Argentina will play for the first time since losing to Chile in the Copa América final. The Albiceleste will face off against 67th-ranked Bolivia and brand new coach Julio César Baldivieso in international friendly action in Houston. Sweet, sounds like yet another riveting international break that will leave us yearning for domestic leagues to get back underway.
Yes, all signs point to an Argentine goleada. But that doesn’t mean that this game doesn’t come with its fair share of excitement, a history of corruption, and backdrop of jail time that’s leaving fans talking about anything and everything but fútbol.
That’s right – the only reason this game is being played is because of a signature from currently incarcerated ex-president of the Federación Boliviana de Fútbol, Carlos Chávez. Amidst chaos, attempts to resolve internal difficulties, and efforts to appoint a new coach and regain access to blocked bank accounts, Chávez signed on from his cell at Palmasola Prison at Santa Cruz de la Sierra on August 4 without so much as a warning.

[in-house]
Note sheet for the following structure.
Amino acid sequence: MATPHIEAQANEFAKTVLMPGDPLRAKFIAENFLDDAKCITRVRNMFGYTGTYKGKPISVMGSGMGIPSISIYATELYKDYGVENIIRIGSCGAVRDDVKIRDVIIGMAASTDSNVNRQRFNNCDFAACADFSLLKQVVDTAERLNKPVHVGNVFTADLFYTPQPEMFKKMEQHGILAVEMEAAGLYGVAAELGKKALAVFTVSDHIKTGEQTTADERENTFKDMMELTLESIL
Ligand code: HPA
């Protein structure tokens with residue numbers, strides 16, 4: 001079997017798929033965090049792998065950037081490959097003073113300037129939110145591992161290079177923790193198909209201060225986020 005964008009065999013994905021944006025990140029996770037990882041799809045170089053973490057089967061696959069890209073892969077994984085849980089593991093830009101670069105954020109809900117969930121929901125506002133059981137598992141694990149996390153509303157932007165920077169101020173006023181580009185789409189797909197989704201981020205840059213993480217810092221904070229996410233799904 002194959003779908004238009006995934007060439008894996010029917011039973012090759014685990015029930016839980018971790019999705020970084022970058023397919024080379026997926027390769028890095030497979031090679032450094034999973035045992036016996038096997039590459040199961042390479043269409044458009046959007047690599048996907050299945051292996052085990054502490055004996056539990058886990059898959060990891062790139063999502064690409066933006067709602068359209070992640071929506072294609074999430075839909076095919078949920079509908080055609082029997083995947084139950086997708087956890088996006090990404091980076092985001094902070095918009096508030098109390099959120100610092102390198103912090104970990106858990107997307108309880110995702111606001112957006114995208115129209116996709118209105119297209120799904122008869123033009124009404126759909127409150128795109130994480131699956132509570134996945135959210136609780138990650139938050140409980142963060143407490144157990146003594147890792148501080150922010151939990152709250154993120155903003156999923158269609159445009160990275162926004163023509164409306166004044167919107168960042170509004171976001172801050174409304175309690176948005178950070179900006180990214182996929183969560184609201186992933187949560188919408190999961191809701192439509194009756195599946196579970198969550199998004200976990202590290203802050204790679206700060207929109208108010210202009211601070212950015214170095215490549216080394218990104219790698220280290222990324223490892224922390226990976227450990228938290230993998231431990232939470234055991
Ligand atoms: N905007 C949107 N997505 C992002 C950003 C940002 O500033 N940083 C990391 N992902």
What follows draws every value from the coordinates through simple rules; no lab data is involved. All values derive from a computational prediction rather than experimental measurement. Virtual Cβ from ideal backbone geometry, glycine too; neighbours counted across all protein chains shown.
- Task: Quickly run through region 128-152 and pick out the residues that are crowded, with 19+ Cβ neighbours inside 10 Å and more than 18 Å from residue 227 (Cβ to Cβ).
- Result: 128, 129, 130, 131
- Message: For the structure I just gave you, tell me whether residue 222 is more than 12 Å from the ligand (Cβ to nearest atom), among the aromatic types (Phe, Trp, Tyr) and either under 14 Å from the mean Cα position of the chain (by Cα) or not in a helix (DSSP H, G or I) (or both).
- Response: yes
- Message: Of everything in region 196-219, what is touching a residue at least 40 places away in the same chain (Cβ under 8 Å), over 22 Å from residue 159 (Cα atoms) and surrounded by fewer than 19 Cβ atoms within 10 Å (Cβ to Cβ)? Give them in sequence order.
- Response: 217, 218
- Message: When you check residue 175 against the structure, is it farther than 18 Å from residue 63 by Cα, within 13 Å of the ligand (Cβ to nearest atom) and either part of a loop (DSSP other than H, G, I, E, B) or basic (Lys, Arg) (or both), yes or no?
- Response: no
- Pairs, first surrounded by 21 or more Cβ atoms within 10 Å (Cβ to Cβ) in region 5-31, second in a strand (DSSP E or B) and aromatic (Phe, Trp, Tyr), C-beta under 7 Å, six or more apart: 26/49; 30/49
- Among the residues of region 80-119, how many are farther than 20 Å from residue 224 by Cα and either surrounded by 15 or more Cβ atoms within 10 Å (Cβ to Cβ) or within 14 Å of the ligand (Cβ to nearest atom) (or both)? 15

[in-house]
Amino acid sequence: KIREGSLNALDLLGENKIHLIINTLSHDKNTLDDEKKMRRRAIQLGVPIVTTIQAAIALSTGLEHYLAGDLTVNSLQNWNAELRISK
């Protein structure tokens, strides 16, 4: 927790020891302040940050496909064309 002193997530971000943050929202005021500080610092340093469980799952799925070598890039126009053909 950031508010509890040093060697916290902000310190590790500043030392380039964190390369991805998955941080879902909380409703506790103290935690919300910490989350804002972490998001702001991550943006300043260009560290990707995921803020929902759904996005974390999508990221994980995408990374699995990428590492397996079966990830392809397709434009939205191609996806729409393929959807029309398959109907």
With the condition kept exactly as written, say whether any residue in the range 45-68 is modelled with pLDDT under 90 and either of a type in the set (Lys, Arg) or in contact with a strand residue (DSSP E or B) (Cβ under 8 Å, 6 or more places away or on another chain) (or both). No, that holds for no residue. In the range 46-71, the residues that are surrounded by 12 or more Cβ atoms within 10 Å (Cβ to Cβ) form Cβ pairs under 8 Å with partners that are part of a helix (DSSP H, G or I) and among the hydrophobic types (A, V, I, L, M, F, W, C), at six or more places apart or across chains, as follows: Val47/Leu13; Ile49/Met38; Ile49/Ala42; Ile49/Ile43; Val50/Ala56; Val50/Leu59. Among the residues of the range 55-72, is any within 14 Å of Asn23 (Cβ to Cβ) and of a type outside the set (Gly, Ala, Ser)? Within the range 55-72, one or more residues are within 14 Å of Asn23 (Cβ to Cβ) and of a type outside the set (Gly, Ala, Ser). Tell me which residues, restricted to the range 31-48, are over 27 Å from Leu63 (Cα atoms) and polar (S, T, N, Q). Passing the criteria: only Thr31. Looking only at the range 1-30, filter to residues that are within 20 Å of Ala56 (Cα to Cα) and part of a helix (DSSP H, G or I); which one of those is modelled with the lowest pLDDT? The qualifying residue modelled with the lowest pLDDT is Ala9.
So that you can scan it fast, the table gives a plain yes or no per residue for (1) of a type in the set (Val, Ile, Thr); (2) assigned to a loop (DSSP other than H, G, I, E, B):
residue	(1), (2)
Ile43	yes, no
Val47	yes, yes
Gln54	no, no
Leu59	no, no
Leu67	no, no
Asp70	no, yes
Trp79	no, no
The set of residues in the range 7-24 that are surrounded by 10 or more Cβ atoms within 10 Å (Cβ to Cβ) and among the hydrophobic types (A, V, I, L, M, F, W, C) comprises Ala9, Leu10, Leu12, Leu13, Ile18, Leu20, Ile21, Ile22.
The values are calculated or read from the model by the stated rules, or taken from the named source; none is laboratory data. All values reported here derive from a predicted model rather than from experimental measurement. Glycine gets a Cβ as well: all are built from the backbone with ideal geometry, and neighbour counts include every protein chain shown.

Roxana Pomier, Head Sports Editor for La Paz daily Página Siete, noted that the events leading up to this game are truly unheard of: “We journalists only knew about the match because it was announced by Argentine media outlets.” Nobody even knew that he signed on! Wow. FIFA corruption in broad daylight. It oozes uncontrollably in every direction.
Before Bolivia, 13 teams rejected the opportunity to play against Messi and co., including Brazil. Why? Scandal. Scandal. Scandal. Friday’s meeting in Houston, for example, is being organized by Full Group Play and Torneos y Competencias Internacional, two private enterprises involved in the ongoing investigations into FIFA corruption being carried out by the U.S. Department of Justice. Investigations into alleged bribery payments implicating the Albiceleste, private sports marketing enterprises, and others are scaring off opponents by the dozen. So, Argentina’s much-desired Superclásico de las Américas against the Canarinho has now turned into a friendly vs. Bolivia. Okay.
Argentine international and FC Barcelona mainstay Javier Mascherano had this to say to Buenos Aires radio station La Red: “Everything that’s happening isn’t doing any good for Argentine soccer. The image we’re portraying isn’t good; it’s reality. We try to do things as normally as possible.”
It’s sad to see these players forced to act as if nothing is wrong while their federation crumbles under the weight of corruption. At least Bolivia agreed to face them, regardless of the fact that the encounter was agreed upon from a jail cell. Now let’s see if this match is as exciting as the buildup.